Black on top, white underneath, a surprisingly long and rigid tail, it flapped languidly over the reef. With an enormous wingspan, 20 feet at least, it glided towards us.
When it turned, I could see its huge gill slits exposed, and a kind of massive riffling of the black back skin as the wings moved. An enormous whitish lobe, a fleshy part of its vast mouth, hung pendulously in the water and wobbled as it went.
Then, just as suddenly as it had appeared, the old beast faded back into the obscurity of the deep.
I had seen a manta ray. But no one in the dive group, including the instructor, was able to get a picture. The water was troubled that day with the vision of the giant filtered by the murk.
The only image that existed was in our collective memory.
I was on Ishigaki, a small island at the very southern end of the Japanese archipelago. My morning routine was to take a long swim along the beach and book-end the day with a shorter swim in the late afternoon.
On the way to the beach, I would walk past a concrete and tin shack with the name Uruma Dive Club. In the afternoons, a line of wetsuits were hung up and drying out front. Ishigaki is renowned for its diving, and I had long been wanting to give it a try.
So on my way back from a morning swim, I walked in and talked to a woman named Hiromi who was working behind a long, dark-wood counter. With a deep brown tan that came from working on the water, she was an “instructor,” or dive leader, but was catching up on the books that day.
Quickly she concluded I was looking for an “introductory” dive and I was told to be at the dive club at 8:10 the next morning.
After an hour-long boat ride the next morning, we anchored off Taketomi Island, on a bright, windy day. The island was tropical, covered in green. The shore was pristine, the water deep blue.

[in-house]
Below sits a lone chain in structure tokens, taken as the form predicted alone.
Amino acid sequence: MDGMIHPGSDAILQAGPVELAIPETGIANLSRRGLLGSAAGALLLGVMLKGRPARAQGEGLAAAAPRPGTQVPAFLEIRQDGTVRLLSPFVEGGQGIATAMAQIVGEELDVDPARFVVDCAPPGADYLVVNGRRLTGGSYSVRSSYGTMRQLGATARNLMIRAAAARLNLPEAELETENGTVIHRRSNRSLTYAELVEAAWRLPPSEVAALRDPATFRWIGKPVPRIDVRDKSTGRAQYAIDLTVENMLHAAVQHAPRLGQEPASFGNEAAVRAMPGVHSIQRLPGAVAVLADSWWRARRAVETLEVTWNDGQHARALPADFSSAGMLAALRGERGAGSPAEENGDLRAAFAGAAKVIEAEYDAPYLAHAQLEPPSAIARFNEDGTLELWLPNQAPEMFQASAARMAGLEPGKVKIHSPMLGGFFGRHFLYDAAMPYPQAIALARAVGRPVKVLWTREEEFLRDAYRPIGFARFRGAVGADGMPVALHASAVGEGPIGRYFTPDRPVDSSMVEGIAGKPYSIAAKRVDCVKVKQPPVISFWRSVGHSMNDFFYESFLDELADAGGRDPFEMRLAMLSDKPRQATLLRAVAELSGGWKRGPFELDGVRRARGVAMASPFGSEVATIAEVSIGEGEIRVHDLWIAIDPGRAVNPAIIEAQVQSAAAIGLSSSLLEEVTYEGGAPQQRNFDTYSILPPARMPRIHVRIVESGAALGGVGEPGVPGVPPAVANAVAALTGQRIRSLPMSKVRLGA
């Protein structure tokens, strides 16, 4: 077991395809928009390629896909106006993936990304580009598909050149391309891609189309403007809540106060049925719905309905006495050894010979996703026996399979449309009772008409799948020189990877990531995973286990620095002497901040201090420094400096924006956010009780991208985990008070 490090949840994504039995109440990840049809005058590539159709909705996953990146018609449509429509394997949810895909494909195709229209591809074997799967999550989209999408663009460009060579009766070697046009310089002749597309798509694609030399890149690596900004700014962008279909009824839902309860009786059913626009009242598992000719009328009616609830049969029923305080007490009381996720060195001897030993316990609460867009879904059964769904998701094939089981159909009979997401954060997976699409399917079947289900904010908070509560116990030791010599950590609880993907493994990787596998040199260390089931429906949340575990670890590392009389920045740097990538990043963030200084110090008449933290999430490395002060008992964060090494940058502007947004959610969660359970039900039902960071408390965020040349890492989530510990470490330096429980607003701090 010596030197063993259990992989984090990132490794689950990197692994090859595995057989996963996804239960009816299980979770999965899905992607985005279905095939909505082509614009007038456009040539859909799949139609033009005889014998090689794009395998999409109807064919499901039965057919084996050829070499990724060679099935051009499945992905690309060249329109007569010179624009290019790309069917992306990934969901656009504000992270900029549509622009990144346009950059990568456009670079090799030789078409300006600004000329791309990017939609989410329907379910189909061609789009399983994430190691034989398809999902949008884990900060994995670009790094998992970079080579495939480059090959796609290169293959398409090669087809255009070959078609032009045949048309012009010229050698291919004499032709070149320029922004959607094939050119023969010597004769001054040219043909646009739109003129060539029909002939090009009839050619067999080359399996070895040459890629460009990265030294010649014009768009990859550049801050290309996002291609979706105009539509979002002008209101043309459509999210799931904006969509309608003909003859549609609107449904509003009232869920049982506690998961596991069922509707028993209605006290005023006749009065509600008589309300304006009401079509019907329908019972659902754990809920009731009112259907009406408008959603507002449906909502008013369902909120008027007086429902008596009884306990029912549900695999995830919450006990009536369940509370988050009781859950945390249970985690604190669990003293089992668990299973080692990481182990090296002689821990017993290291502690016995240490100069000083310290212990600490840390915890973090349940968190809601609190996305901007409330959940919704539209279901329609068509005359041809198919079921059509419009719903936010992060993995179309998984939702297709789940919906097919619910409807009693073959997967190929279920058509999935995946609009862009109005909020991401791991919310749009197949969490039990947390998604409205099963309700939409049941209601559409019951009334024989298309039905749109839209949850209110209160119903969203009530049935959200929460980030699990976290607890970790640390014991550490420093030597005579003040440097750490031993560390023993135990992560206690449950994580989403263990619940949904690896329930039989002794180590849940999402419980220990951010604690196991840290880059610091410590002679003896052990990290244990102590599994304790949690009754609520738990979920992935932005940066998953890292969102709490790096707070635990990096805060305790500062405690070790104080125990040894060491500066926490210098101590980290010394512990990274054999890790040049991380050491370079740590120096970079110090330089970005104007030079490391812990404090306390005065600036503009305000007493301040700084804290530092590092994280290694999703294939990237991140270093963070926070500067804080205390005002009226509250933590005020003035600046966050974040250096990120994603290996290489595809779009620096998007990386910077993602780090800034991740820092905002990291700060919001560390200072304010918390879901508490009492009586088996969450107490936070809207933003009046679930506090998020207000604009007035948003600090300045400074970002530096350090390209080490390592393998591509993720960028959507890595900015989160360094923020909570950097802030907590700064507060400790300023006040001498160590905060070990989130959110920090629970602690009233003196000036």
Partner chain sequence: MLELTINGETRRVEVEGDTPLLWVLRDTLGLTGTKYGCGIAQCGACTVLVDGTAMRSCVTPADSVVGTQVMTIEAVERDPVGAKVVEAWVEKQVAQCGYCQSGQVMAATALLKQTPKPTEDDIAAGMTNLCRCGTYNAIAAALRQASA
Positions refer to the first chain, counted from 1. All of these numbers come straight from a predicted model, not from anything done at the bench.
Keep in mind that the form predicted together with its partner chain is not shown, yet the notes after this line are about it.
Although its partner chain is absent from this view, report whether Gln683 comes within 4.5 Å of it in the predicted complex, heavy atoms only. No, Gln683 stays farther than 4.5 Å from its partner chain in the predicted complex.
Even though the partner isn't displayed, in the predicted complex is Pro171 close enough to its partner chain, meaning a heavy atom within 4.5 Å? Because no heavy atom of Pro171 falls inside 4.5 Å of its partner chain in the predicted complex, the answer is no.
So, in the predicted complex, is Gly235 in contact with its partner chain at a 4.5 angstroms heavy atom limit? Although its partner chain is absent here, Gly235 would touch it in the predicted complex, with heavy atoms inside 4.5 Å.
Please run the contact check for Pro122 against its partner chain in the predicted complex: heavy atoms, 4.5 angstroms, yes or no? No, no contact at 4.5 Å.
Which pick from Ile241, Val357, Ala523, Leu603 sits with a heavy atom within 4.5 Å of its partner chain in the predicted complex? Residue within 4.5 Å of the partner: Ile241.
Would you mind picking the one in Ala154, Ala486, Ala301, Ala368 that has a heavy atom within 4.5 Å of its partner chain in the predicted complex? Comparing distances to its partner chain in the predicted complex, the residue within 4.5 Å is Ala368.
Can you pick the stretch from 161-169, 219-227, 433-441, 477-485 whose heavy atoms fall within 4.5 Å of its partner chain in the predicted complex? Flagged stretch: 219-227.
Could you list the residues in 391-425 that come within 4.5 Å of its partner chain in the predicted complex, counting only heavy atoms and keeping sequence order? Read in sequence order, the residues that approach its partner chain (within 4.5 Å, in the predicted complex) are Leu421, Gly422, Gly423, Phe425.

Air tank strapped on, I jumped off the back of the boat, and Hiromi held my hand for my first dive. My breathing was fast, but once the ears squeaked to equalize pressure on our descent, I focused on my surroundings. There were fish all around, and of all kinds.
A clown fish mottled in white and orange was parked in an orange sea anemone, a fleet of fish with vertical black stripes hung around, a large school of tiny translucent fish wheeled past, a thin spotted eel ribboned its way downward, a green sea turtle sat on a rock, larger game fish hung in the water.
Underneath them were purple, orange, green and gray corals, one huge one spreading over the rock like a pink, bumpy, bathtub mat, another shaped like a human brain.
It was all quiet, except for the sound of my breathing through the aqualung. Letting go of my hand, Hiromi pulled a writing slate out of her weight belt and wrote “fish eggs” as she pointed to a purple spray on the underside of an otherwise bare rock face, then grabbed my hand again, guiding me along the reef.
The corals were young, she had explained before we went under, and they were replacing a mass die-off from a few years ago. I had understood the die-offs to be the result of warming seas, so I was surprised and happy to hear the coral were coming back.
Compared to most diving sorties that include two dives in a day, the Ishigaki boats take divers down three times with a break for lunch on the boat, in this case bowls of the local specialty Yaeyama Soba, noodles and pork in fish broth, named for the local island chain.
On the long ride back to port, the boat’s load of diving enthusiasts, some of them retired, almost all Japanese, rest or stand quietly. After the day of diving, the boat ride back through the islands in the sun and wind provides a profound sense of peace.
I sit next to Hiromi at the tail end of the boat and she tells me her story. A small and single Japanese woman, she has reached the age of 40, at the limit of the time when she can dive three times a day. The instructors also work as boat hands and lift a large number of heavy air tanks on and off the boat and then onto small trucks to take back to the club.
Lifting the tanks, she pulled something in her back a while back and must take a pill to deal with the pain. But this is her job. The boat captain, a local Ishigaki man who farms sugarcane in the winter, is fair. He regularly gives her a day off from diving when she catches up on paperwork for the business.
At the end of the day, I reluctantly leave Hiromi and the cool, concrete clubhouse, with racks of wetsuits and regulators and crates of masks and flippers. Under the water, my hand on hers, I had regained the sense of amazement and wonder that children must have, and was still in its thrall.